Impressive in scope and continuing to expand its vision even as it heads into its 62nd incarnation, the Sydney Film Festival launched the 2015 programme at Customs House in the Harbour City’s picturesque Circular Quay district this morning. Festival director Nashen Moodley beamed with pride when speaking of the 12-day schedule that kicks off June 3 and features more than 250 films from 68 countries.
Addressing a packed media gallery and in the presence of dignitaries that included The Honorary Troy Grant, State Minister for The Arts, and Sydney Lord Mayor Clover Moore, Moodley described this years film roster as, “political, sexy and entertaining,” and assured all that the selection featured, “uncompromising visions, that were sure to provoke and challenge.” In his welcoming statement published in the festival’s programme, he referred to the event’s 2015 theme, ‘We Are Made of Movies’, revealing that, “it might seem obvious at first, but it’s one that unfolds to reveal just how complex and central the role of cinema is to the human experience.”
As previously announced, Opening Night honours have been bestowed upon actor/playwright Brendan Cowell’s feature directorial debut, Ruben Guthrie. The event will close out with Neil Armfield’s same-sex romantic drama, Holding the Man (pictured, right), on June 14. It is the first time homegrown fare has filled the coveted slots since 2001, when Ray Lawrence’s Lantana and Steve Jacob’s La Spagnola topped and tailed the celebration.
Twelve titles will vie for best of the fest as part of the Official Competition line-up. Local contenders include Kim Farrant’s missing-child drama Strangerland, with Nicole Kidman and Hugo Weaving; Jennifer Peedom’s affecting documentary Sherpa, shot against the rugged landscapes of Mount Everest; and, Simon Stone’s family drama The Daughter, with Sam Neill, Geoffrey Rush, Miranda Otto and US actor Paul Schneider. Overseas fare includes Me and Earl and The Dying Girl (pictured, top), Alfonso Gomez-Rejon’s Sundance winner; Miguel Gomez’s 6½ hour reimagining of the classic, Arabian Nights, transported to the Portugal of today; and, Sean Baker’s highly-touted Tangerine, an urgent, often hilarious look at life on the streets of LA shot and entirely with an iPhone.
The Documentary Australia Foundation will again present its Documentary prize to the outstanding locally-made factual film. Amongst the ten films up for the honour will be new works from Gilliam Armstrong (Women He’s Undressed), Andrew Lancaster (The Last Aviator), Maya Newell (Gayby Baby) and Steve Thomas (Freedom Stories). Arthouse leader Dendy Films will reward our leading short-film artisans, with ten mini-movies bidding for one of the three categories on offer (amongst the contenders, Oscar winner Adam Elliot with his latest, Ernie Biscuit).
Highlights from the vast array of World Premiere screenings scheduled include Jeremy Sims’ Last Cab to Darwin, featuring an all-star Australian cast lead by Michael Caton (pictured, right) and Jacki Weaver; Wide Open Sky, Lisa Nicol’s feel-good account of an outback kids choir (to screen in the newly-launched Family Films sidebar); and, a big-screen airing for Daina Reid’s mini-series adaptation of Kate Grenville’s bestseller, The Secret River, starring Sarah Snook.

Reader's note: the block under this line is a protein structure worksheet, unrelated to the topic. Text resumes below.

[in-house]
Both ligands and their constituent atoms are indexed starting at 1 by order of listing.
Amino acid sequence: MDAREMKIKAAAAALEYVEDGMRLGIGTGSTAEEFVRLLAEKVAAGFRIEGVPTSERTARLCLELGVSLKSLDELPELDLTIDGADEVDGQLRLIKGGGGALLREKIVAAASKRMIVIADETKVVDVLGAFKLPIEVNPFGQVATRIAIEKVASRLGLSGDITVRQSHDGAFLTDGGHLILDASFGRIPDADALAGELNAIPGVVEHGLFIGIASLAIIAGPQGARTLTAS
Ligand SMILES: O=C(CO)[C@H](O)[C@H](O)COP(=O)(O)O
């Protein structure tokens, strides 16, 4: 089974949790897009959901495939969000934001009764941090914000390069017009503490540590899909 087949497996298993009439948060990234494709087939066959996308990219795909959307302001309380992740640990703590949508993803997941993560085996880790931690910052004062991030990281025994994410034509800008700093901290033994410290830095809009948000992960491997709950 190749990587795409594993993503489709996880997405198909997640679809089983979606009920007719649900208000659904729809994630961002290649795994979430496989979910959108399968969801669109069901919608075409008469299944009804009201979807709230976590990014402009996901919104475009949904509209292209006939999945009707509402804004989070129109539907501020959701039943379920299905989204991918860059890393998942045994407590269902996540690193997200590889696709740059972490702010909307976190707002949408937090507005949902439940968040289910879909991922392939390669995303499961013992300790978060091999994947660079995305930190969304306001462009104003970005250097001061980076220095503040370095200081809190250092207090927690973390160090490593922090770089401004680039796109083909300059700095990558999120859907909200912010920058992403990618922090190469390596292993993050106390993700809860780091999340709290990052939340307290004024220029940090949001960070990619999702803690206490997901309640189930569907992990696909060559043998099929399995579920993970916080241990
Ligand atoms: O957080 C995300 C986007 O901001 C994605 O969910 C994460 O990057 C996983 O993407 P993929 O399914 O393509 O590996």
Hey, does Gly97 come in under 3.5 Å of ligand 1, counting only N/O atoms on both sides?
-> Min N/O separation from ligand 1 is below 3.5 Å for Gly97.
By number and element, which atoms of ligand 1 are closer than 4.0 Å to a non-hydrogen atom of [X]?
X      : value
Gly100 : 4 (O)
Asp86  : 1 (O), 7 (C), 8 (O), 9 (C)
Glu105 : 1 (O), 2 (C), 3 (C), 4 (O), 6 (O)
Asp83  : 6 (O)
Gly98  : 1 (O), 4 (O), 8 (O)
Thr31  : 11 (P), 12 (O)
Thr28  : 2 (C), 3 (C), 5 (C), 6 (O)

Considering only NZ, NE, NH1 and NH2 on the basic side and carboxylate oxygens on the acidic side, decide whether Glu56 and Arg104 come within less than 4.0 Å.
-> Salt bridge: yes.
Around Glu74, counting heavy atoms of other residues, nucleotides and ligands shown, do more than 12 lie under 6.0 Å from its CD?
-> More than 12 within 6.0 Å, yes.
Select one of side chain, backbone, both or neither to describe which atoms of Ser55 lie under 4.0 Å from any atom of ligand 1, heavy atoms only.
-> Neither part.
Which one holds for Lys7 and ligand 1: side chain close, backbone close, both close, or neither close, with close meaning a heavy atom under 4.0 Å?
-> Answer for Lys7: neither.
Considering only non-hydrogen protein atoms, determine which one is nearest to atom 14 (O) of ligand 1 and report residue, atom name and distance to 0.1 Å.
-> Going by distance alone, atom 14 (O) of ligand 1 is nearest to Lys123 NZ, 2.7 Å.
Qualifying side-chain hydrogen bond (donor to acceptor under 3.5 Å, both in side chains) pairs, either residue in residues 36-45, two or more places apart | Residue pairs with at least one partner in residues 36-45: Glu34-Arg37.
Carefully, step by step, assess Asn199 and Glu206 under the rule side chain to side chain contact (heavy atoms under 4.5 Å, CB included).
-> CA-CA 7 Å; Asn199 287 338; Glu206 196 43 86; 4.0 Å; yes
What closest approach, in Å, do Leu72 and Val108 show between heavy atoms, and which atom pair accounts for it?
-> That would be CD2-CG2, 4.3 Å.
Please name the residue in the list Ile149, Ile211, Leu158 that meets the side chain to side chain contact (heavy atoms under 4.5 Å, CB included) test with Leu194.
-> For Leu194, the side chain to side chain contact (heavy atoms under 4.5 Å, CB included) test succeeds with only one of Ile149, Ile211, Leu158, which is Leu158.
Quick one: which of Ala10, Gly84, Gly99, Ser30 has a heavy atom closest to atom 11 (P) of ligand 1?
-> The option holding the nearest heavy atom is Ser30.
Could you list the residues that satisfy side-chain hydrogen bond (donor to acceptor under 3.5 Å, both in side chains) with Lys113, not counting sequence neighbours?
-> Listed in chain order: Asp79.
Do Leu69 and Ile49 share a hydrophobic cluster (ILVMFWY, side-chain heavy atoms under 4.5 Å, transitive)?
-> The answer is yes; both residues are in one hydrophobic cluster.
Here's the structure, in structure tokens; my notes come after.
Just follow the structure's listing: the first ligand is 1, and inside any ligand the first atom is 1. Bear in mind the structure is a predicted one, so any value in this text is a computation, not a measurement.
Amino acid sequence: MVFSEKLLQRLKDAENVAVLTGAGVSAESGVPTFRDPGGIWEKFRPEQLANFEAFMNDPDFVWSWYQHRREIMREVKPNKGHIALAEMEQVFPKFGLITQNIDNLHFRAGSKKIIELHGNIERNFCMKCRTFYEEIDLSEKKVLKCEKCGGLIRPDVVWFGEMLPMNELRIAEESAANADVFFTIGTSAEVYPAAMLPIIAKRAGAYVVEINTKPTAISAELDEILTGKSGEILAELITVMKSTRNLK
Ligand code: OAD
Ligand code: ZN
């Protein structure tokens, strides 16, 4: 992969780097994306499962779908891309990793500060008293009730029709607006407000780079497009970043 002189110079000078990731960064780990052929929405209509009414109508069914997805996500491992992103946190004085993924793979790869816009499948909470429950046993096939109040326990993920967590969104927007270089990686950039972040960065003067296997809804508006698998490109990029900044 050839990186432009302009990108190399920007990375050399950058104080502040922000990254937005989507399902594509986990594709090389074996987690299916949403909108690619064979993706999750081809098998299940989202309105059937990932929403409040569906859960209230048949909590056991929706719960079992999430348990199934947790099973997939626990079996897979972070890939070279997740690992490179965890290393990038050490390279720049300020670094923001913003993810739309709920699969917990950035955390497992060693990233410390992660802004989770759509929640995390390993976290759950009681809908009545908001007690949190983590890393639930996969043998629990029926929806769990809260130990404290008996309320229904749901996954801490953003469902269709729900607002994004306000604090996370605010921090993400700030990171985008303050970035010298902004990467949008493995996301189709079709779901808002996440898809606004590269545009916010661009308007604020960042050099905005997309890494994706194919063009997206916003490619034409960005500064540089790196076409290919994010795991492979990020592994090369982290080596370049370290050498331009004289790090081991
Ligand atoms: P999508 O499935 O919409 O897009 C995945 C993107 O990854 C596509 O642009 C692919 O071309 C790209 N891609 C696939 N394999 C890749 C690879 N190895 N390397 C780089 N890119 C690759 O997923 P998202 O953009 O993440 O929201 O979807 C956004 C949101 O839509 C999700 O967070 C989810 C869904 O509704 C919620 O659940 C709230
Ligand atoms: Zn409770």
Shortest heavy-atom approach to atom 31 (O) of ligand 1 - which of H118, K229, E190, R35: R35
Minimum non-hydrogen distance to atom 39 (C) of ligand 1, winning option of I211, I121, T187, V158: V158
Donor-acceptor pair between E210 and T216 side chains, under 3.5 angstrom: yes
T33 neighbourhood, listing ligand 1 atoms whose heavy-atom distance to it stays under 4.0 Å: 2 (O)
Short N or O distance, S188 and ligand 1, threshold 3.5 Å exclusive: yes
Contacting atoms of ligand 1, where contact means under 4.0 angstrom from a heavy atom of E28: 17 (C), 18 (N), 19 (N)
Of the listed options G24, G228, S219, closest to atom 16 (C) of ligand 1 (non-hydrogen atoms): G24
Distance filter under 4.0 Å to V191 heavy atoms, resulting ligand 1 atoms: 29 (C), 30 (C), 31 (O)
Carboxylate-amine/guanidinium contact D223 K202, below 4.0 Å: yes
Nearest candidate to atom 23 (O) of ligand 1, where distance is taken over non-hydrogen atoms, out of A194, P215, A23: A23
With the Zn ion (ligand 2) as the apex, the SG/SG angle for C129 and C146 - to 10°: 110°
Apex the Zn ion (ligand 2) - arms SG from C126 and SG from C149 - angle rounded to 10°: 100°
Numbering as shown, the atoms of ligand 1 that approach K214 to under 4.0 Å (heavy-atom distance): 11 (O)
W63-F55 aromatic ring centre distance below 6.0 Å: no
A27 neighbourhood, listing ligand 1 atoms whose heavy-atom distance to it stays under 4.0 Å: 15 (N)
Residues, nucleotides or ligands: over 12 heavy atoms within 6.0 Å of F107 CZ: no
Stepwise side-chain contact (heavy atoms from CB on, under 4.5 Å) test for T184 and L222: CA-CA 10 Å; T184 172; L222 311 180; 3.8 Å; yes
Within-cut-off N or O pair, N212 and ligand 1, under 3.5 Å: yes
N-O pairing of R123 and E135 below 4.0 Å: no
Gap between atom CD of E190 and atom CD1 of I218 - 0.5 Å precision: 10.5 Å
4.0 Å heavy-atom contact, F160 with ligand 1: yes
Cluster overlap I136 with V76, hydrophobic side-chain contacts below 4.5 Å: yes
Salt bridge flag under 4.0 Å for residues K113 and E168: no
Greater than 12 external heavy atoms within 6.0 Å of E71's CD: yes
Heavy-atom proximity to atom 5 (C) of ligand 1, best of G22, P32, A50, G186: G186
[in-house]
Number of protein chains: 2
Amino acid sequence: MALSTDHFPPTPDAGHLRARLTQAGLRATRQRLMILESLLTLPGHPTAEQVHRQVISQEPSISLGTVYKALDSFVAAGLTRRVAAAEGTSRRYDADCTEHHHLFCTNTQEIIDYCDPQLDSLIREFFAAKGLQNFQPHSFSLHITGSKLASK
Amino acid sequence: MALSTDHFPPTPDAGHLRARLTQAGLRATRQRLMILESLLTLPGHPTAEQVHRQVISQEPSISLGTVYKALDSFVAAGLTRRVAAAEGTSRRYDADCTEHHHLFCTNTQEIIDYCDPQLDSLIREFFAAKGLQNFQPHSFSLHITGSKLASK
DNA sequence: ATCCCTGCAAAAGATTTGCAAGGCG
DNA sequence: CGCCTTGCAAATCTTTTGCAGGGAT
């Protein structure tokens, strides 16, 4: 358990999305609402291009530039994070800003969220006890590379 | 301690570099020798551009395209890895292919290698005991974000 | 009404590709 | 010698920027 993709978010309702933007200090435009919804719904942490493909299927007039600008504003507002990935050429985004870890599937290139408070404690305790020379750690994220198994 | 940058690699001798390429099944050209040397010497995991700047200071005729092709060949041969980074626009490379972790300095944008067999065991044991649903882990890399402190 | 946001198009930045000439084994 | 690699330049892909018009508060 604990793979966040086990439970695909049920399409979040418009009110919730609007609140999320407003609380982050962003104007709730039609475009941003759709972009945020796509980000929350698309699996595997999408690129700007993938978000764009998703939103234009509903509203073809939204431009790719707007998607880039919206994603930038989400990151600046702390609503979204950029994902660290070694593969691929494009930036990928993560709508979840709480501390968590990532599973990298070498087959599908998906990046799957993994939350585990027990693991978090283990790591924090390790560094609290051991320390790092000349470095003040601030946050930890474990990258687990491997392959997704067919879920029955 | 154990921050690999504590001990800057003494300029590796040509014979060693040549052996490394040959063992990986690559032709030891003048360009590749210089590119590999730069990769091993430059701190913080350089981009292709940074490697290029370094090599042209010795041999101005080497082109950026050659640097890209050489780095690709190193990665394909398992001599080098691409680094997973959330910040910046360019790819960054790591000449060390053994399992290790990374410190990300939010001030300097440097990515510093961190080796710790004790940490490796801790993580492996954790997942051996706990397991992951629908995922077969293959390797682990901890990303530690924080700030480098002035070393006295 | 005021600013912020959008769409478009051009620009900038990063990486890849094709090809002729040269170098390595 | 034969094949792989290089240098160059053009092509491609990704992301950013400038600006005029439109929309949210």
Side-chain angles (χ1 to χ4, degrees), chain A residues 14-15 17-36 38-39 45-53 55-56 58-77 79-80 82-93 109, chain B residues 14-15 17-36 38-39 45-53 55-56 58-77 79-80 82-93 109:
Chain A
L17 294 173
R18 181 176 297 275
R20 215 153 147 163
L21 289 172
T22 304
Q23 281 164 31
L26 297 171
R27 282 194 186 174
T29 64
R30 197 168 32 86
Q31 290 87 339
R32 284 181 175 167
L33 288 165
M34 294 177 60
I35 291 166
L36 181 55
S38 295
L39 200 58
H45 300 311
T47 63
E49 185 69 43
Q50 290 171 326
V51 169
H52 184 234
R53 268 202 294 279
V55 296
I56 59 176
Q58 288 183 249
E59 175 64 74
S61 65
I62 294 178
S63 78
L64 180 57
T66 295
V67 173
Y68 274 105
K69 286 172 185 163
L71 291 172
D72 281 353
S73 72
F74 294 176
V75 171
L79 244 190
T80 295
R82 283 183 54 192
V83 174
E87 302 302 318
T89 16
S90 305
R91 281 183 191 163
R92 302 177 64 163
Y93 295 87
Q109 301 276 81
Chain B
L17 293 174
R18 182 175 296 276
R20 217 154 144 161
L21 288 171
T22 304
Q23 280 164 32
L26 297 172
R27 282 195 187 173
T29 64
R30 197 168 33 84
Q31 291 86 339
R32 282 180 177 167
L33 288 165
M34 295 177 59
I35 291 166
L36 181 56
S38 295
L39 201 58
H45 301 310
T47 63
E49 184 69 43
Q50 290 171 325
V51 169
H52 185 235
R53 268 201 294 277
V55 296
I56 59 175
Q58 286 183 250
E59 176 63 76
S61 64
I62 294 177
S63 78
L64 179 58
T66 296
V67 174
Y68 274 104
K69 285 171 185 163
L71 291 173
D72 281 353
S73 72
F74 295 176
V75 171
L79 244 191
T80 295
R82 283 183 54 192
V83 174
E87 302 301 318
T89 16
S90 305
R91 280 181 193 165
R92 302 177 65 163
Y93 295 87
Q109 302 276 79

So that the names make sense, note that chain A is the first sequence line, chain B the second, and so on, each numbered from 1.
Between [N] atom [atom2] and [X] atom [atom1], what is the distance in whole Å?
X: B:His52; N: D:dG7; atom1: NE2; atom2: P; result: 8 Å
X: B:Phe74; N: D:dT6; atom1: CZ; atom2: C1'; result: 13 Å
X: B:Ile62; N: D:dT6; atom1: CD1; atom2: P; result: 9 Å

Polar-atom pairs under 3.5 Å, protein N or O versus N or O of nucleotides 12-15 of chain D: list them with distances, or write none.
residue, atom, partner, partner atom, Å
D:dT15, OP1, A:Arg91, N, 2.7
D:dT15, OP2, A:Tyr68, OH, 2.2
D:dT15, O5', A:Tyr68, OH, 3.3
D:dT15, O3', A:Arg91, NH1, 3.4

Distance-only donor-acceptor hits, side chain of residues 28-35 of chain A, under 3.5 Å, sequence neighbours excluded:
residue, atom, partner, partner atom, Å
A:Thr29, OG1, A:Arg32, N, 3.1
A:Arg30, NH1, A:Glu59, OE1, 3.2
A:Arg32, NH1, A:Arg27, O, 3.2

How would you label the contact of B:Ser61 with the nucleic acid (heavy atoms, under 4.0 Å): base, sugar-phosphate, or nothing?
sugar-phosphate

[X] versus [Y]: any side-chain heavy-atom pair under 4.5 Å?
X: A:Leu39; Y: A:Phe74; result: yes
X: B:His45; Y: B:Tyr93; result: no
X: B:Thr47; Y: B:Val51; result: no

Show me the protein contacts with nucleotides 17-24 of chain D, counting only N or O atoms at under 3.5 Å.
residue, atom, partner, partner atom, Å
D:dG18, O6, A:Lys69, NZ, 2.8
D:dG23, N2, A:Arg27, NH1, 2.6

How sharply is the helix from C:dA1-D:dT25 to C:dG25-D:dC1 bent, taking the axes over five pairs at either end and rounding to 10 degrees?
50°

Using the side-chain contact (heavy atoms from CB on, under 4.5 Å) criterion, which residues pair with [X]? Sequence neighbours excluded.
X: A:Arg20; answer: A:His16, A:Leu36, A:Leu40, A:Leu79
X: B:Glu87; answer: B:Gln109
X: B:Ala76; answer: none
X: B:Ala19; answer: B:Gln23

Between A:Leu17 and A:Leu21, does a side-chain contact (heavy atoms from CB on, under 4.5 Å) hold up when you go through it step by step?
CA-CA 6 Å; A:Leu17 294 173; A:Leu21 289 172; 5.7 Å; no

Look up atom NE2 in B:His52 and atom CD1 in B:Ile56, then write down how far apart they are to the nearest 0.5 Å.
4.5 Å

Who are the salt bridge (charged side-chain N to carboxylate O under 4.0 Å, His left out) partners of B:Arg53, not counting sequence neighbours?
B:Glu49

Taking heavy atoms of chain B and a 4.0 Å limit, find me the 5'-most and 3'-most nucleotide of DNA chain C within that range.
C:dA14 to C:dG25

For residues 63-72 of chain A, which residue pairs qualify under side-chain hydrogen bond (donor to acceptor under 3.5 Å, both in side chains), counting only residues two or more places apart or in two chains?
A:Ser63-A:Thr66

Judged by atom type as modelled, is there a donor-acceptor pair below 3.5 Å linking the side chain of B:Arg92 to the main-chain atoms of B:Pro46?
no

Special event strands include Destruction Cinema, a rebellious genre from the 60s and 70s that brutally assaulted the conventions of contemporary film, to be represented by five films including Werner Herzog’s Even Dwarfs Started Small (read the Screen-Space feature on the film's production here) and Jackie Raynal’s Deux Fois; Focus: South Africa reflects the festival director’s roots in the cinema of Africa and will welcome filmmakers Sibs Shongwe-La Mer and Francois Verster; an evening of retro bliss, with the double feature Invasion of The Body Snatchers (1956; pictured, right) and the giant ant movie, THEM!, screening at Blacktown Drive-in; and, Essential Bergman, a mammoth ten film retrospective compiled by internationally-renown critic and former SFF director, David Stratton, that will span the great Swedish director’s career from 1955’s Smiles on a Summer Night to 2003’s Saraband.
Arguably the hottest ticket at the 2015 Sydney Film Festival will be Alex Gibney: In Conversation, a live Q&A with the acclaimed director who will screen and discuss his incendiary documentary, Going Clear: Scientology and The Prison of Belief.
Popular programme staples returning in 2015 include Variety critic Richard Kuipers’ horror sessions, Freak Me Out, which will feature two works from festival guest Ant Timpson - Deathgasm and Turbo Kid; for the musically-minded, Sounds on Screen will present the Australian premieres of Asif Kapadia’s highly-anticipated bio-doc Amy, and the French buddy-road drama Max & Lenny, from Fred Nicolas; and Restorations, which will present fully-restored director’s cuts of Mark Christopher’s 54, Armenian Sergei Parajanov’s The Colour of Pomegranates, Bong Joon-ho’s Korean thriller Mother (the 2009 classic remastered in monochrome by the director), and Djibril Diop Mambety’s 1973 landmark Senegalese work, Touki Bouki.
There was some muttering amongst cinephiles during the post-launch dissection about the notable no-shows, including Australian director Justin Kurzel’s Cannes-bound Macbeth, starring Marion Cotillard and Michael Fassbender; Woody Allen’s latest, Irrational Man, with Joaquin Phoenix and Emma Stone; actress Natalie Portman’s directorial debut, A Tale of Love and Darkness; and, Hungarian auteur Kornel Mundruczo’s canine thriller, White God.
Full programme details for the 2015 Sydney Film Festival can be found on the event’s website.